5 Reasons Why Green Bay Packers Don’t Have What it Takes To Win Super Bowl XLVIII
5 Reasons Why Green Bay Packers Won't Win it All
With Aaron Rodgers back at the helm and a thriller against their arch-rival to make the playoffs in the books, one might think the Green Bay Packers are peaking at the right time. One would be wrong. Despite a few reasons to be optimistic, there are a few more not to be when it comes to the Pack’s Super Bowl chances.
When the Packers won the Super Bowl in 2010, their defense had Charles Woodson and Nick Collins in the secondary, a healthy Clay Matthews terrorizing offenses and promising young defensive tackle B.J. Raji looking like a future superstar.
Now, Woodson and Collins are gone, and they haven’t really been replaced. Matthews is out with an injured thumb and Raji has failed to live up to expectations. All told, Green Bay’s defense is not up to the task of another deep playoff run.
The Packers are no strangers to the playoffs. In fact, they are currently tied with the New England Patriots for the longest streak of consecutive playoff appearances in the NFL with five. And they have the best quarterback in the game back in action, already making his presence felt with late-game heroics against the Chicago Bears last week.
But despite their experience and a roster on the mend, a poor pass rush, questionable safeties and too many injuries all indicate that a title just isn’t in the cards for Green Bay this year.
Here are the top five reasons why the Packers don’t have what it takes this time around.
5. Overall Defense
To quote a Wisconsin native and diehard Packer fan, “The Packers will not win the Super Bowl because their defense is terrible.” Simple, yet true. Mistakes have been abundant in the Packer defense this season. In Sunday’s game against the Bears, Nick Perry, a former first-round draft pick, covered a tight end in man coverage. Unfortunately for him, the rest of the defense was playing zone, and an entire side of the field was left open for Matt Forte to run through. With a poor defense, the Packers need Rodgers and the offense to score big points just to have a shot at winning games, and that’s not likely with the ferocious defensive units of the Seattle Seahawks and Carolina Panthers playing in the same conference.
4. Run Defense
The Packers’ run defense is particularly shoddy. The unit is ranked No. 26 in the league and gave up 121 yards on 24 carries against the Bears for 5.0 yards per carry. Forte ran all over them, racking up 110 yards on 22 carries with two scores. The Packers will face another dangerous back when Frank Gore and the San Francisco 49ers come to town this Sunday.
3. Special Teams
Another unit that should concern Packer fans is special teams. Injuries trickle down, and that effect is seen here. The Pittsburgh Steelers successfully ran a fake punt last week to help seal the victory. There was also an offside call against the Packers on a field goal during that game that contributed to the loss. Against the Bears on Sunday, Devin Hester returned five kickoffs for 127 yards and tacked on a 49-yard punt return. Making mistakes and giving up big plays has plagued this unit all season.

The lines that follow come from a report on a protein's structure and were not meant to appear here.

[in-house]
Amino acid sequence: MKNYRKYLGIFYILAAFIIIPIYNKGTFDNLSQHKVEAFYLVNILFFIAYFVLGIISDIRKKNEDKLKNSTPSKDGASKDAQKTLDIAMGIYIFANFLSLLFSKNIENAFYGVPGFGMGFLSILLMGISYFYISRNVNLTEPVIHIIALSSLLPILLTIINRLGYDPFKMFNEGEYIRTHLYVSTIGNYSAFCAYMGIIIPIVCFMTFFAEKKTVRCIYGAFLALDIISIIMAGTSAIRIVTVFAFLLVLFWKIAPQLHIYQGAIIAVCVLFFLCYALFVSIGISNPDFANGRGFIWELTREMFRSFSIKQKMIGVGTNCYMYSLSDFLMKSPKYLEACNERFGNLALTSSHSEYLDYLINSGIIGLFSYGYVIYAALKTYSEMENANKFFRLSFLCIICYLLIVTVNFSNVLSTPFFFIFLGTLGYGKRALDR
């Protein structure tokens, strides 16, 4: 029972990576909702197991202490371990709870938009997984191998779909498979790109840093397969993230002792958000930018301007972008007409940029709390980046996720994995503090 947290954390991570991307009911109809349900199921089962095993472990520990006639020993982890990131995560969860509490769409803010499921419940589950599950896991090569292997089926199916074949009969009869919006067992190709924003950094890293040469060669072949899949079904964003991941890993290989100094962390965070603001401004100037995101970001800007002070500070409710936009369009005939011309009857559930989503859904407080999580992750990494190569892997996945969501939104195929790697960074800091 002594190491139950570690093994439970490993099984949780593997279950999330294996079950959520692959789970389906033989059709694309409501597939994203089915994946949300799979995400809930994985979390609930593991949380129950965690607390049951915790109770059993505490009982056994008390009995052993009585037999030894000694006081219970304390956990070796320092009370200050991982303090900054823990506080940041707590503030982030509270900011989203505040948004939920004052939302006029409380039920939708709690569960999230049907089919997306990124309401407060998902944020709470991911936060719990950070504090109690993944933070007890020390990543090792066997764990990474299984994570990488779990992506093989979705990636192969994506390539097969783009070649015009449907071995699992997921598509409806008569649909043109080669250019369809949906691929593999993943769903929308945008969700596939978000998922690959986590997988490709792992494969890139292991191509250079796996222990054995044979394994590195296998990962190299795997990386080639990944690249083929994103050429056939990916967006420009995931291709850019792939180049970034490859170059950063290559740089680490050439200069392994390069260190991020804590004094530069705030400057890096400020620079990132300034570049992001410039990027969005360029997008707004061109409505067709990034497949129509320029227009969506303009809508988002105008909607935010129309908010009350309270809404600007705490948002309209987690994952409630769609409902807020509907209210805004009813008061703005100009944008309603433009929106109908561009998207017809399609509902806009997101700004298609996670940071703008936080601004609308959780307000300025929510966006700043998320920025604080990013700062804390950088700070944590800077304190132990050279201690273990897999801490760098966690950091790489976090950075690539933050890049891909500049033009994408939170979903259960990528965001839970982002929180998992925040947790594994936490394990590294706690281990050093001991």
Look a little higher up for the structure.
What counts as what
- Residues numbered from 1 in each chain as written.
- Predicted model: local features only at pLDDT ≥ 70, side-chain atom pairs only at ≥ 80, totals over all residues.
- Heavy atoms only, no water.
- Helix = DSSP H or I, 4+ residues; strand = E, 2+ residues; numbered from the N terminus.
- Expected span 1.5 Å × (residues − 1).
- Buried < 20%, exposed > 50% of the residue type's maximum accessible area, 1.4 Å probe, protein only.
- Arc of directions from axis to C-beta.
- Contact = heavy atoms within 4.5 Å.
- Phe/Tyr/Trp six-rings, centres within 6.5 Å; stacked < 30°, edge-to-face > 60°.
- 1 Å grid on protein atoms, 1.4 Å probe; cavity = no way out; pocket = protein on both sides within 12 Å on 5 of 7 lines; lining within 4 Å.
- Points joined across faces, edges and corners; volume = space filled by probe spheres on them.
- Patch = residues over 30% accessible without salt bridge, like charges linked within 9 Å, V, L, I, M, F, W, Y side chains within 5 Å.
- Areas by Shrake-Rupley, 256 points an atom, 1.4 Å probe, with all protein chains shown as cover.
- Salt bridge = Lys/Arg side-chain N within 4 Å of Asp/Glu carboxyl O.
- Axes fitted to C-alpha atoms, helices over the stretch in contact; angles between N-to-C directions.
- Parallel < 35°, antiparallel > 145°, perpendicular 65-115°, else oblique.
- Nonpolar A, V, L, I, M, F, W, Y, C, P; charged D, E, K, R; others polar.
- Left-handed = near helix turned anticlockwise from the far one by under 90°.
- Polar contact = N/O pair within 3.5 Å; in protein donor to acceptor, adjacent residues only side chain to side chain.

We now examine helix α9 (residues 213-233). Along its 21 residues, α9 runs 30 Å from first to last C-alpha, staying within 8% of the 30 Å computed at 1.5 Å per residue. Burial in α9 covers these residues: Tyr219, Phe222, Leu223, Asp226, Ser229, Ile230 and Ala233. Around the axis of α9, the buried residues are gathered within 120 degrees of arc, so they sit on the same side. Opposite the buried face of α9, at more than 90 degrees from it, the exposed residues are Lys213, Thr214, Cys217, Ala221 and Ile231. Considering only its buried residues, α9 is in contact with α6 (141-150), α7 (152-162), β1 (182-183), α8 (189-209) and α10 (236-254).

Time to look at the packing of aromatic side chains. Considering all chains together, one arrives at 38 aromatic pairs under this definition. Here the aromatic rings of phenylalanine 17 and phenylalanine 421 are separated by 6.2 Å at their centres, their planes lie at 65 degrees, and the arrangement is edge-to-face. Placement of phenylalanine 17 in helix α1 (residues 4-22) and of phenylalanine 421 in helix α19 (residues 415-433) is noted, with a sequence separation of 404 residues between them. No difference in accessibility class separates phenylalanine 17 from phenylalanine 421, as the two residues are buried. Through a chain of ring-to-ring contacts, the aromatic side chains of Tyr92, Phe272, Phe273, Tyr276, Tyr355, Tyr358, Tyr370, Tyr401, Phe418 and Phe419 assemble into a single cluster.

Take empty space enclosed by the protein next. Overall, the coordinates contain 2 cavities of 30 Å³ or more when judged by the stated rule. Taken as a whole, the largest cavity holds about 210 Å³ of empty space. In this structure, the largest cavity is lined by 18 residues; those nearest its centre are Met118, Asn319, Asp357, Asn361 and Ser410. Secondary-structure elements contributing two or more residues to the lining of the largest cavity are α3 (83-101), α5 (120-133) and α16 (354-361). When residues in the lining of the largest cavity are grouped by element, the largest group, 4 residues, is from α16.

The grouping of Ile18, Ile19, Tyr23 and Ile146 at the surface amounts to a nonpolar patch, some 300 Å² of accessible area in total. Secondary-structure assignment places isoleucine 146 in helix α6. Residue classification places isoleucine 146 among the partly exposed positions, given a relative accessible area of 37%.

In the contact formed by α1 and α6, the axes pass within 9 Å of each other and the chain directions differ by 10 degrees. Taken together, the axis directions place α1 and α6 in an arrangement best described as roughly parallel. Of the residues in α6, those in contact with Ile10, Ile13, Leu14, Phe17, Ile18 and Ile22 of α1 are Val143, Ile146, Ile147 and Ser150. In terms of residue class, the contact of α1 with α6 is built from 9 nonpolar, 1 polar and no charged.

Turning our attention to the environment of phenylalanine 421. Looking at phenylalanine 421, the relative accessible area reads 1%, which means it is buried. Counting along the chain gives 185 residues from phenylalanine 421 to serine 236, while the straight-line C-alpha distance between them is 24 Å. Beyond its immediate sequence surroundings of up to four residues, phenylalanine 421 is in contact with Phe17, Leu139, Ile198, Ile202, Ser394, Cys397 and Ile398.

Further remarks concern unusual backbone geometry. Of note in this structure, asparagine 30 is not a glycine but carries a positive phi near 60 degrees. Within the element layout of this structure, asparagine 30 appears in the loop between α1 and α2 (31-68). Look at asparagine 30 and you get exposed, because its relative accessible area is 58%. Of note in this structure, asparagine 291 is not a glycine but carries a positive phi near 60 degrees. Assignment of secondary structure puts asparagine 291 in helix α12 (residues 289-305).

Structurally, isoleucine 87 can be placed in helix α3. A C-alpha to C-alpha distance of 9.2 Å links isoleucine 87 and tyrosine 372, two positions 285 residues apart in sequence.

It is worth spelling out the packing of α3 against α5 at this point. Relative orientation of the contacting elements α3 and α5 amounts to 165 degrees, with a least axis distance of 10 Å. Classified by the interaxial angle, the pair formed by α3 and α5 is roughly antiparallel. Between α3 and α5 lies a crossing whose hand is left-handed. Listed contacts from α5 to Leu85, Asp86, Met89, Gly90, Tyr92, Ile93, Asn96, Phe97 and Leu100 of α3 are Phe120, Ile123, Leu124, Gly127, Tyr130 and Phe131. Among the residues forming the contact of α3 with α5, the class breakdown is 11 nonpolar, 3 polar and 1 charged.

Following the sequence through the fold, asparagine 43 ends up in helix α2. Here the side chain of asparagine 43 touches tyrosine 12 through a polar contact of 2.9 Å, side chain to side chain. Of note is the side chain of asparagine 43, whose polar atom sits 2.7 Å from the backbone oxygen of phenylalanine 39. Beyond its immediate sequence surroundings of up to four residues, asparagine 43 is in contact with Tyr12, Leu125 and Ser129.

Rodgers was effective in his return from a broken collarbone this week, throwing for 318 yards and two touchdowns. He also tossed a couple of interceptions. Randall Cobb was activated this week as well, and though he scored twice, those were the only two times Rodgers targeted him all day. Matthews is still out with an injured thumb, and while Eddie Lacy has had a great year, on Sunday he ran for just 66 yards on 21 carries. His ankle seems to be bothering him and affecting his ability to cut and explode on outside runs. There are no guarantees with injuries, and the Packers have had enough this season to cast serious doubt on their ability to remain healthy.
1. The 49ers Own Them
If there is a team that is hotter than the Packers right now, it’s the 49ers. They are riding a six-game winning streak into the playoffs, and on top of that, they have won their last three meetings with the Packers. In last year’s NFC Divisional playoffs, San Francisco quarterback Colin Kaepernick set a record for most rushing yards in a game by a QB in NFL history with 181. He also threw for 263 yards and accounted for four touchdowns. In Week 1 this season, Green Bay was ready for the zone-read option, but the Niners opted to shred their defense through the air instead. Anquan Boldin caught 13 passes for 208 yards and one TD. Green Bay already struggles defensively, and now they need to find an answer for Jim Harbaugh’s creative offense – something they haven’t been able to do yet.
Here's Why The NFC West is The NFL's Best Division
The NFL boasts a lot of parity this season with contenders scattered amongst many divisions. The NFC West, however, is the league's best division top to bottom, and here's why. Read More